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This paper introduces secure network provenance (SNP), a novel technique that enables networked systems to explain to their operators why they are in a certain state – e.g., why a suspicious routing table entry is present on a certain router, or where a given cache entry originated. SNP provides network forensics capabilities by permitting operators to track down faulty or misbehaving nodes, and to assess the damage such nodes may have caused to the rest of the system. SNP is designed for adversarial settings and is robust to manipulation; its tamper-evident properties ensure that operators can detect when compromised nodes lie or falsely implicate correct nodes. We also present the design of SNooPy, a general-purpose SNP system. To demonstrate that SNooPy is practical, we apply it to three example applications: the Quagga BGP daemon, a declarative implementation of Chord, and Hadoop MapReduce. Our results indicate that SNooPy can efficiently explain state in an adversarial setting, that it can be applied with minimal effort, and that its costs are low enough to be practical.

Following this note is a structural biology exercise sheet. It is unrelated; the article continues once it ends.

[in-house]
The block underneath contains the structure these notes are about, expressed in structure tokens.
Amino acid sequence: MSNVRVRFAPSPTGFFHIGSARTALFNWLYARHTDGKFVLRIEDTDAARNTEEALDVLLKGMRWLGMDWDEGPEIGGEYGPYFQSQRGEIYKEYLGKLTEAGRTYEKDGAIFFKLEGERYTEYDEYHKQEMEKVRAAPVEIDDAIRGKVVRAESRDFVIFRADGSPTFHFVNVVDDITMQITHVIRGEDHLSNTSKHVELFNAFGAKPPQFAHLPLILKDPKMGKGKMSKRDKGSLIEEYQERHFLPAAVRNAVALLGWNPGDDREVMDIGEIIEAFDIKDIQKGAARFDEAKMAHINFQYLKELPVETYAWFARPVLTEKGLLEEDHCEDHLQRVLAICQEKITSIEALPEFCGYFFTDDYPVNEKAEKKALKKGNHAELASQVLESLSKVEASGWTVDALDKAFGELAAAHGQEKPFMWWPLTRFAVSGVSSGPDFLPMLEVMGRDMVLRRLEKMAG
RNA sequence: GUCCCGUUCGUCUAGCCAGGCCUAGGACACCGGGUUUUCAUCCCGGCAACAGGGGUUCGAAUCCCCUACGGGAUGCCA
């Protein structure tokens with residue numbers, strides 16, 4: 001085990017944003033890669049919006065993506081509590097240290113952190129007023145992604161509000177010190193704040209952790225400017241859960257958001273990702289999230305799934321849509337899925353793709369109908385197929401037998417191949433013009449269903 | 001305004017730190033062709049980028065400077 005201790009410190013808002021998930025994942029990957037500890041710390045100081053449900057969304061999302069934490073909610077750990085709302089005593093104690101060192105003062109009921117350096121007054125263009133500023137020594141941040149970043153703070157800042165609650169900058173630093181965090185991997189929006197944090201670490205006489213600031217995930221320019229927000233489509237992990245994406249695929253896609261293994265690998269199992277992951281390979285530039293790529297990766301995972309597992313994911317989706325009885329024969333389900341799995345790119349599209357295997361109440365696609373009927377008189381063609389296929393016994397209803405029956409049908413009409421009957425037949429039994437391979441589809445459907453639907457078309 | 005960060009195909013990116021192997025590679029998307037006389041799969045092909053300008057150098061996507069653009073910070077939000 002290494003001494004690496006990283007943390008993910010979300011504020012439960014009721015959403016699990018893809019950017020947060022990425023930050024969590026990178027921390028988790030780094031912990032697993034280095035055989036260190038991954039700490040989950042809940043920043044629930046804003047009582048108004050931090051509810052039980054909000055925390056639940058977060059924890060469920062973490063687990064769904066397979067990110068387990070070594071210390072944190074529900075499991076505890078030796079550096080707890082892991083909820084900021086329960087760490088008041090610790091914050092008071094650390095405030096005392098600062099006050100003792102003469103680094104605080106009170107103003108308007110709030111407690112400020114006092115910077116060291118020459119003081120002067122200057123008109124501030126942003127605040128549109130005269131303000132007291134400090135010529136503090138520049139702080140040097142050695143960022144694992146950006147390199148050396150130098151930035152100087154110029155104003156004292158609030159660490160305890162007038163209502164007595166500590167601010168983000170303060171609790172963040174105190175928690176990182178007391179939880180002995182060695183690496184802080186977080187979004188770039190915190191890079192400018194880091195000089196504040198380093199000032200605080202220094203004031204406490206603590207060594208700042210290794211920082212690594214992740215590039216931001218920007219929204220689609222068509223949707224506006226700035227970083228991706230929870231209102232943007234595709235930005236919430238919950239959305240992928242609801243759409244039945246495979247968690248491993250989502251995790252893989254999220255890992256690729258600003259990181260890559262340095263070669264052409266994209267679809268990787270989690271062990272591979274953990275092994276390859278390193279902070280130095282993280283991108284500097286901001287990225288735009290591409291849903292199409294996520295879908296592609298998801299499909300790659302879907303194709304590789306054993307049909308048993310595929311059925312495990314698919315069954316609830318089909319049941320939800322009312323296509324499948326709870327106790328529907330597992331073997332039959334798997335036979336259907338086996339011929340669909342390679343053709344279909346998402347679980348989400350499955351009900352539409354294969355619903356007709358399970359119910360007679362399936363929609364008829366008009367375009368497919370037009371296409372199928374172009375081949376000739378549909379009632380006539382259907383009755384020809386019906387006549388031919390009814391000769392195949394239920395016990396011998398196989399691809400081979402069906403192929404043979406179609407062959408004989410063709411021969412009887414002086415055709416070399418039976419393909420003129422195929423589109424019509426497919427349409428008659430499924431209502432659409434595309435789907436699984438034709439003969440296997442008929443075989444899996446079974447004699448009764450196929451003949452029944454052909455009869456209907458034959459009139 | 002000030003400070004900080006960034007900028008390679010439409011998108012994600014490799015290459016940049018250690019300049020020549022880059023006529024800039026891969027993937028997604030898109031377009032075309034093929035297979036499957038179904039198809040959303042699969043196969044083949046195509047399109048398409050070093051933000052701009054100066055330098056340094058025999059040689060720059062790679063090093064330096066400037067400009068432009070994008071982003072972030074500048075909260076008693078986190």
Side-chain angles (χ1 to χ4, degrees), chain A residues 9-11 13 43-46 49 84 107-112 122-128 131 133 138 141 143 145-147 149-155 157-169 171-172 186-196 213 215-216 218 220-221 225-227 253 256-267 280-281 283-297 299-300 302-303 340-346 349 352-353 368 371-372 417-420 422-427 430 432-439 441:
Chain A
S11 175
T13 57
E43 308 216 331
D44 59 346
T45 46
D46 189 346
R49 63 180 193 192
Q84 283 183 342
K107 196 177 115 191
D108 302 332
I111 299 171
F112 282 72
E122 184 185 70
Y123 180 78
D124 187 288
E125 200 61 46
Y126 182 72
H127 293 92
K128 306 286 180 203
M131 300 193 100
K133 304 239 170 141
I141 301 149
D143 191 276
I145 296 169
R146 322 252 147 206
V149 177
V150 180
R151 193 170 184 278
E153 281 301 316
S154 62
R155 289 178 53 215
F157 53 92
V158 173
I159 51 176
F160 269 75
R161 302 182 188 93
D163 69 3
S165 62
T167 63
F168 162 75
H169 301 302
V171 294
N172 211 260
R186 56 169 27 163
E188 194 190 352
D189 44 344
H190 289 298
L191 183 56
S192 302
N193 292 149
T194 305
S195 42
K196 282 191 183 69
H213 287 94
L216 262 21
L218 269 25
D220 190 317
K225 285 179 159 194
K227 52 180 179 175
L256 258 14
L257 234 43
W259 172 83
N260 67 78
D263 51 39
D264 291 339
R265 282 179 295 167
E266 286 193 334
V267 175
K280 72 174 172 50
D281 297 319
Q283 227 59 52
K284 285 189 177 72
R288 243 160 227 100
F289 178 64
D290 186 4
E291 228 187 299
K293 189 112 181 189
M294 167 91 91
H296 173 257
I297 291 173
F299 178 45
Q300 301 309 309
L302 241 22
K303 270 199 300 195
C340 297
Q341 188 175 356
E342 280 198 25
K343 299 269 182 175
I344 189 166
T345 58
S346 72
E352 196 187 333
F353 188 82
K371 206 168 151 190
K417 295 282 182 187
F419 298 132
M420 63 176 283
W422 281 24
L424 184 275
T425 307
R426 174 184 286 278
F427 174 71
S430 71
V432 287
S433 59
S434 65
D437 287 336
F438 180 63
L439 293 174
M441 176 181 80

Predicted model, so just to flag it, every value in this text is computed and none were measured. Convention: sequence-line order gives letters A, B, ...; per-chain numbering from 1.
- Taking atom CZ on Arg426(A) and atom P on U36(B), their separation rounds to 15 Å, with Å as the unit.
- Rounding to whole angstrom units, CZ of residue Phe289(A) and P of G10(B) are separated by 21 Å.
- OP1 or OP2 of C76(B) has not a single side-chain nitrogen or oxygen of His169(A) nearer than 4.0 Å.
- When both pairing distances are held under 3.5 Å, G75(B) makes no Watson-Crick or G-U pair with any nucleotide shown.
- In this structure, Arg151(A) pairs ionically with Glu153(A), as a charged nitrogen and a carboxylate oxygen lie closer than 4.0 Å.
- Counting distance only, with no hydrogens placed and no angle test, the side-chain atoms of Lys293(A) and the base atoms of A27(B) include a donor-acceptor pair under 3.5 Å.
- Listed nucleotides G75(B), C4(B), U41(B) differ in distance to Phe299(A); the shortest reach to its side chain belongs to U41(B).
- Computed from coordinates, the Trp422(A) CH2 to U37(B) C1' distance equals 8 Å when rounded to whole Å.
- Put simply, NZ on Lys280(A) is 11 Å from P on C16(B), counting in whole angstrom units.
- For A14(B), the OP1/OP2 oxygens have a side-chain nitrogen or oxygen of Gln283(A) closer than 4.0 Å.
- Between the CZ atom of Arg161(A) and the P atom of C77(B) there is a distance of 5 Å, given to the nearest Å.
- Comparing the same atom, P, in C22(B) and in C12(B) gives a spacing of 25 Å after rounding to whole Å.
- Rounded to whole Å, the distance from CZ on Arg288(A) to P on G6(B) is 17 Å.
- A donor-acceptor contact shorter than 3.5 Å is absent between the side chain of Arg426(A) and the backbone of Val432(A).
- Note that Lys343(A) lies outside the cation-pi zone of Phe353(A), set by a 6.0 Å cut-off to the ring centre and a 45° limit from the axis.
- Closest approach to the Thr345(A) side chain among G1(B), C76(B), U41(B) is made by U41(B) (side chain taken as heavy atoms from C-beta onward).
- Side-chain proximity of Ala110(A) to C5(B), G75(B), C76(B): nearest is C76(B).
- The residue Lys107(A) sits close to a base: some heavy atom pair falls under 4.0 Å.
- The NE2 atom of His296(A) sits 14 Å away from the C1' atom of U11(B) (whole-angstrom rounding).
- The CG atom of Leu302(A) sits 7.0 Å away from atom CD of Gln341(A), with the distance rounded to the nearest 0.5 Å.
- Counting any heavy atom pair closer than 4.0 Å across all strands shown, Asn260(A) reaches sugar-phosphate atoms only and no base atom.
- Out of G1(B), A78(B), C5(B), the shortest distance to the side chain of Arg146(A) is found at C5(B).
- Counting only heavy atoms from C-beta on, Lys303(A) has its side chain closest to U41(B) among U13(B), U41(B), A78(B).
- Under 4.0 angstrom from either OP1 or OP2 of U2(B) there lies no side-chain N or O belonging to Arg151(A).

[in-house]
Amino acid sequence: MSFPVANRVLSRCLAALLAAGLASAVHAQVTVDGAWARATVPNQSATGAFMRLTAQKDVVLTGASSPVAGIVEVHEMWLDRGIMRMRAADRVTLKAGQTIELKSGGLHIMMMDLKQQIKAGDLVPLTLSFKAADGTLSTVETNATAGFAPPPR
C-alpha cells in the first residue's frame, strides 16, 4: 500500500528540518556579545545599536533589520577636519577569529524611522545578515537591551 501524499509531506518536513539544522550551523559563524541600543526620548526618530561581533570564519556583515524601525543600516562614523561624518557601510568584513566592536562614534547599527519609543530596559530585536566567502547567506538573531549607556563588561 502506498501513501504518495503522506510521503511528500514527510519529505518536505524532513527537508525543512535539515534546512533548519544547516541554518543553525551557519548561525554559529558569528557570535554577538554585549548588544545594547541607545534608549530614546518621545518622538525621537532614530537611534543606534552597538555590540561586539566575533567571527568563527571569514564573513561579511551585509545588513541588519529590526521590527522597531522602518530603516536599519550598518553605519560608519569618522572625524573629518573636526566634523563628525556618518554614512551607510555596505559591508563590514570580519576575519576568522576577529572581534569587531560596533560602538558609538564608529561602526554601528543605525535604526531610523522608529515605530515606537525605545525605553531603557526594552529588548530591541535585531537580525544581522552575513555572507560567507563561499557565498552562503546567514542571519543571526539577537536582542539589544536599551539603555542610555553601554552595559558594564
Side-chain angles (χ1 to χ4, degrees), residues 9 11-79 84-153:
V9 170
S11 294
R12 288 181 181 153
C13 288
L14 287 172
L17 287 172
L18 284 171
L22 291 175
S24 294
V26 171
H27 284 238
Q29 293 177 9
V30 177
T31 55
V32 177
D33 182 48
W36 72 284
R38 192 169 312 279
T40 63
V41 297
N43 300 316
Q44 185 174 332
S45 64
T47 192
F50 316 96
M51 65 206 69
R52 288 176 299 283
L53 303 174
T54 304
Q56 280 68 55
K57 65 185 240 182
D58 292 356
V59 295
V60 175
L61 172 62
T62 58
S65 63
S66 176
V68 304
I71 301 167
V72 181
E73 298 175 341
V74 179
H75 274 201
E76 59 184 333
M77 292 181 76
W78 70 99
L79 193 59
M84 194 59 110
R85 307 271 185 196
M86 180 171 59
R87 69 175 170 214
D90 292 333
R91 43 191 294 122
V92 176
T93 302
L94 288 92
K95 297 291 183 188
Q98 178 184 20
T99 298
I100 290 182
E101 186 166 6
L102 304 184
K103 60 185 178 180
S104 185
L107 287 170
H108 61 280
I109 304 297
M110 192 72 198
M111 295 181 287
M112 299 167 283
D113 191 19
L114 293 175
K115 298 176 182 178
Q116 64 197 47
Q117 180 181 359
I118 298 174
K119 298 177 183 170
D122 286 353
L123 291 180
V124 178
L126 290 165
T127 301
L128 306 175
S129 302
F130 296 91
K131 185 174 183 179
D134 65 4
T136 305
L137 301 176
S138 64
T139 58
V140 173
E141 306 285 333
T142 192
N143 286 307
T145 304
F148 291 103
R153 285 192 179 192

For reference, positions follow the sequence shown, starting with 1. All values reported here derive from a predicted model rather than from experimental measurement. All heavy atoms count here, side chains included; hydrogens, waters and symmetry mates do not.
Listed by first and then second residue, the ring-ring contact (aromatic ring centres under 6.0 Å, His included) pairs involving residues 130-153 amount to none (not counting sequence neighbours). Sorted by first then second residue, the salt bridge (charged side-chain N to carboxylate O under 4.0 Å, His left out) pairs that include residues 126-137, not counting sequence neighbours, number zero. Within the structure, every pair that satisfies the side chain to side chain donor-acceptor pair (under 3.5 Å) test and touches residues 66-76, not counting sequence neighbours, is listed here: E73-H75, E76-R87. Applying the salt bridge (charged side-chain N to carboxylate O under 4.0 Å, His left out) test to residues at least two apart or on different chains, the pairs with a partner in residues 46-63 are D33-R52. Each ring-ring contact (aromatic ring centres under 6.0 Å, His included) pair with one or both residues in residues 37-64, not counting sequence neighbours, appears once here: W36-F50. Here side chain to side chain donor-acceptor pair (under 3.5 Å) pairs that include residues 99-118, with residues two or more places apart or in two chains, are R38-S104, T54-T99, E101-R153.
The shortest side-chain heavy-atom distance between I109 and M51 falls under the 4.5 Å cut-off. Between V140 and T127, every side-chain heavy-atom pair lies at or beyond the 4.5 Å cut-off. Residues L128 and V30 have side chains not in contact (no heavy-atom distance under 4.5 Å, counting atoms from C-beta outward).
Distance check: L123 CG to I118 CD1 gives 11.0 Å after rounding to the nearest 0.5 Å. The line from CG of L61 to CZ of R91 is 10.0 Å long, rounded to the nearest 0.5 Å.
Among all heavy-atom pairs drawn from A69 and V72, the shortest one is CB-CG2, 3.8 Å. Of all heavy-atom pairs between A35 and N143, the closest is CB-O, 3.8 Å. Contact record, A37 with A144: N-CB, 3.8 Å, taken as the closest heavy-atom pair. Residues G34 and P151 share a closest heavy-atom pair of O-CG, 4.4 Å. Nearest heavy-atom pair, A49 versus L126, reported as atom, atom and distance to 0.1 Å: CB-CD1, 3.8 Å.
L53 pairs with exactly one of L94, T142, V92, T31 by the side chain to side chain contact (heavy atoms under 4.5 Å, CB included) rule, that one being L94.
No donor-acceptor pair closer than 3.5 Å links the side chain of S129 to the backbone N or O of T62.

Wenchao Zhou, Qiong Fei, Arjun Narayan, Andreas Haeberlen, Boon Thau Loo, and Micah Sherr, "Secure Network Provenance", . October 2011.
Date Posted: 26 July 2012